“At the early stage, you appoint a CFIUS counsel and brainstorm whether it is going to get through. I have had deals in Greater China and after they have looked at the CFIUS process, they have decided not to move ahead. More sophisticated clients may decide not to go ahead, whereas more gung-ho clients may decide to go ahead, and come unstuck.”

Bankers generally agree that when approaching a CFIUS review, a lack of willingness to spend money on the right people could be hazardous to the completion of the deal.

“What we try to do is we want to use consultants or lawyers with good Washington connections,” says a second Hong Kong-based dealmaker, also with past CFIUS experience. “The best are good. If it looks like you might have those issues, you’ve got to have the right people. If you might have a problem, you need to find a way to rethink your deal early. Always be on the front foot in redesigning bits of your deal.”

The second banker explained that the main red flags for CFIUS seem to be anything to do with defence or technology, but that the process is gradually becoming less opaque for those that have to tackle it.

“It’s probably getting a little clearer how they think these days,” he adds. “Back in the day, people didn’t have a good idea how they dealt with things. There are now a good body of cases.”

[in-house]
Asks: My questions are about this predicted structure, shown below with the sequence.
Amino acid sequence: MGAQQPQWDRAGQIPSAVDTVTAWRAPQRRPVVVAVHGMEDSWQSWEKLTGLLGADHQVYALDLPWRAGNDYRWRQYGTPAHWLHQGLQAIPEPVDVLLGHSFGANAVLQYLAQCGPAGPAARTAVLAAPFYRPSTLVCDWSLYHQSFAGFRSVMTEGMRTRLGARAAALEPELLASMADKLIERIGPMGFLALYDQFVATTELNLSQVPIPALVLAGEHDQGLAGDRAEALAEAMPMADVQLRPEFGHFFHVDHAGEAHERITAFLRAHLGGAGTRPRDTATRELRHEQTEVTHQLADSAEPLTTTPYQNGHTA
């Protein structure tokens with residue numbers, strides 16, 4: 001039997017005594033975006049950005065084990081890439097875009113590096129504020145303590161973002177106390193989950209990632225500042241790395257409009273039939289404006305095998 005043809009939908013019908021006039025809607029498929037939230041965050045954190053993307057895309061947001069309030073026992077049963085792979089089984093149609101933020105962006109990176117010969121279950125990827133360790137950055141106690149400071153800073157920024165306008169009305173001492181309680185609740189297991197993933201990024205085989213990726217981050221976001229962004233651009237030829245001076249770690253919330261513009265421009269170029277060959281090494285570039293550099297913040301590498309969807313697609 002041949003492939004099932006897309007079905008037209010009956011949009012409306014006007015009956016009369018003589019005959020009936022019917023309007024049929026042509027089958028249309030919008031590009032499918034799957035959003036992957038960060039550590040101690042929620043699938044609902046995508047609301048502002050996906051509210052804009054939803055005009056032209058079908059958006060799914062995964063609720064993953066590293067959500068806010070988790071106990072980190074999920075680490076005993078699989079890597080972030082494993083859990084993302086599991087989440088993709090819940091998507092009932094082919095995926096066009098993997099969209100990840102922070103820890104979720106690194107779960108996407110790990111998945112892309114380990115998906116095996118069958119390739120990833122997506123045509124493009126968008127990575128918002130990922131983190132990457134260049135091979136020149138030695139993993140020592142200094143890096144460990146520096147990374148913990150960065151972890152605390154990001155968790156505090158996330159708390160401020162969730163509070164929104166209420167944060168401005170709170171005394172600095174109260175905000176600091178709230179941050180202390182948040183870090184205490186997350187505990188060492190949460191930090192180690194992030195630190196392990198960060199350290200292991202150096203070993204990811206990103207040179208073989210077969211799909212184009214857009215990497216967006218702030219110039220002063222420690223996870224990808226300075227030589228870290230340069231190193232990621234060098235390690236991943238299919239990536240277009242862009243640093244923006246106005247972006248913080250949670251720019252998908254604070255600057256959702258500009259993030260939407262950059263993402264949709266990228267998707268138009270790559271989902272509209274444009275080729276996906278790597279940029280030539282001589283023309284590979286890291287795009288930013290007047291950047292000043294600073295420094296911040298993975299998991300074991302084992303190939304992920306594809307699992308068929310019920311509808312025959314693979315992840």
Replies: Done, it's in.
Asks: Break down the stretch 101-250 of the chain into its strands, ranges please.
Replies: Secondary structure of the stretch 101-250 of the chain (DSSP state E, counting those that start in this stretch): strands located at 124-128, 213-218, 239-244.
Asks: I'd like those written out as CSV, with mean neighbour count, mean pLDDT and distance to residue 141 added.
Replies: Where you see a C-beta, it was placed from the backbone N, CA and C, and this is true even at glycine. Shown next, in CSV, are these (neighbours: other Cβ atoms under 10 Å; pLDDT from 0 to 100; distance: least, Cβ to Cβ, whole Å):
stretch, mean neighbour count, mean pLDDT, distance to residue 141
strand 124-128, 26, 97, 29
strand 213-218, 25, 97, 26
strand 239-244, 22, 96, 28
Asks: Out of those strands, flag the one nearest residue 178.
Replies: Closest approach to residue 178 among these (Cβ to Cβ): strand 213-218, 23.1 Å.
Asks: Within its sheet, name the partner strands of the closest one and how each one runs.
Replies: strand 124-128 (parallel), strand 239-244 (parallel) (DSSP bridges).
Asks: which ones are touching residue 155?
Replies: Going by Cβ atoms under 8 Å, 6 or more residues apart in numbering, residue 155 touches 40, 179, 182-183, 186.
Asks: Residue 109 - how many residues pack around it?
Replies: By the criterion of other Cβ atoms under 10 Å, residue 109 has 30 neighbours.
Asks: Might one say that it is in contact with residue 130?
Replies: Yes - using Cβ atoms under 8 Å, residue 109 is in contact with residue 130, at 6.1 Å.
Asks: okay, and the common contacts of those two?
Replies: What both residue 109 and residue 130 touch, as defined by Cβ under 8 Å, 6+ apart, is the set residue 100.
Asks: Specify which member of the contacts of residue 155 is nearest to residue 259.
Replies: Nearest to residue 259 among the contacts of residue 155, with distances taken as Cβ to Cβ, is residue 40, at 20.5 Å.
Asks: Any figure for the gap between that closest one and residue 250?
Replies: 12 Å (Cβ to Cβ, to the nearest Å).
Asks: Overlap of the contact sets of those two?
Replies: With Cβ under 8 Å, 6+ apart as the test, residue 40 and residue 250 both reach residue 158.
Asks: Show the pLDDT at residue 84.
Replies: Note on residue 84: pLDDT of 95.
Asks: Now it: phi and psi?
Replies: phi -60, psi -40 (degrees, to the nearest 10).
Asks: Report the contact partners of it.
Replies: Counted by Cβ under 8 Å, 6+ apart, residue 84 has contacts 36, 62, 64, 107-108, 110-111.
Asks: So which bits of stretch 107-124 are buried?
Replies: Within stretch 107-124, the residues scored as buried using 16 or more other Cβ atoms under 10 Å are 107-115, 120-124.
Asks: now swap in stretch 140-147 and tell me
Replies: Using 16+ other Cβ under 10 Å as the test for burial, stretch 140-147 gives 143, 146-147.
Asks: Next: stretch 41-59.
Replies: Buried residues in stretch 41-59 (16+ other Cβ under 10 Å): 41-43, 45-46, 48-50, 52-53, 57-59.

According to the Treasury, all cases will generally begin with the filing of a voluntary notice. Once the notice is deemed complete, it will be circulated to committee members and a review period of up to 30 days starts on the next business day. In 2012, the last set of figures released by CFIUS, there were a total of 114 notices. But what happens once the notice is submitted and circulated remains somewhat unclear to some of the companies under review, with requests for clarity seemingly only flowing one way.

“You don’t have much in the way of back and forth,” adds the first banker. “They won’t say ‘I want you to do this or that,’ you have to guess and it’s a very complicated process. If you are a Singaporean, Japanese or Australian buyer, no issue. If [you are] Chinese, you have a lot of baggage at the outset.”

The insertion of a CFIUS review into more outbound China deals provides a headache for the deal teams involved, but the continual build-up of cases appears to be revealing ever more information about the nuances of engaging with the committee.

Lawyers such as Timothy Keeler, a partner at Mayer Brown LLP, believe the modern CFIUS process is more stringent now, but also there are clear ways to approach dealing with the committee and certain pitfalls to avoid.

“It is particularly difficult if CFIUS learns of a sensitive foreign investment from the press or other parties,” says Keeler. “But if the parties are clear and transparent from an early stage with CFIUS, then it is a very manageable process. Engage as early as commercially possible with CFIUS, and develop trust by being open and transparent.”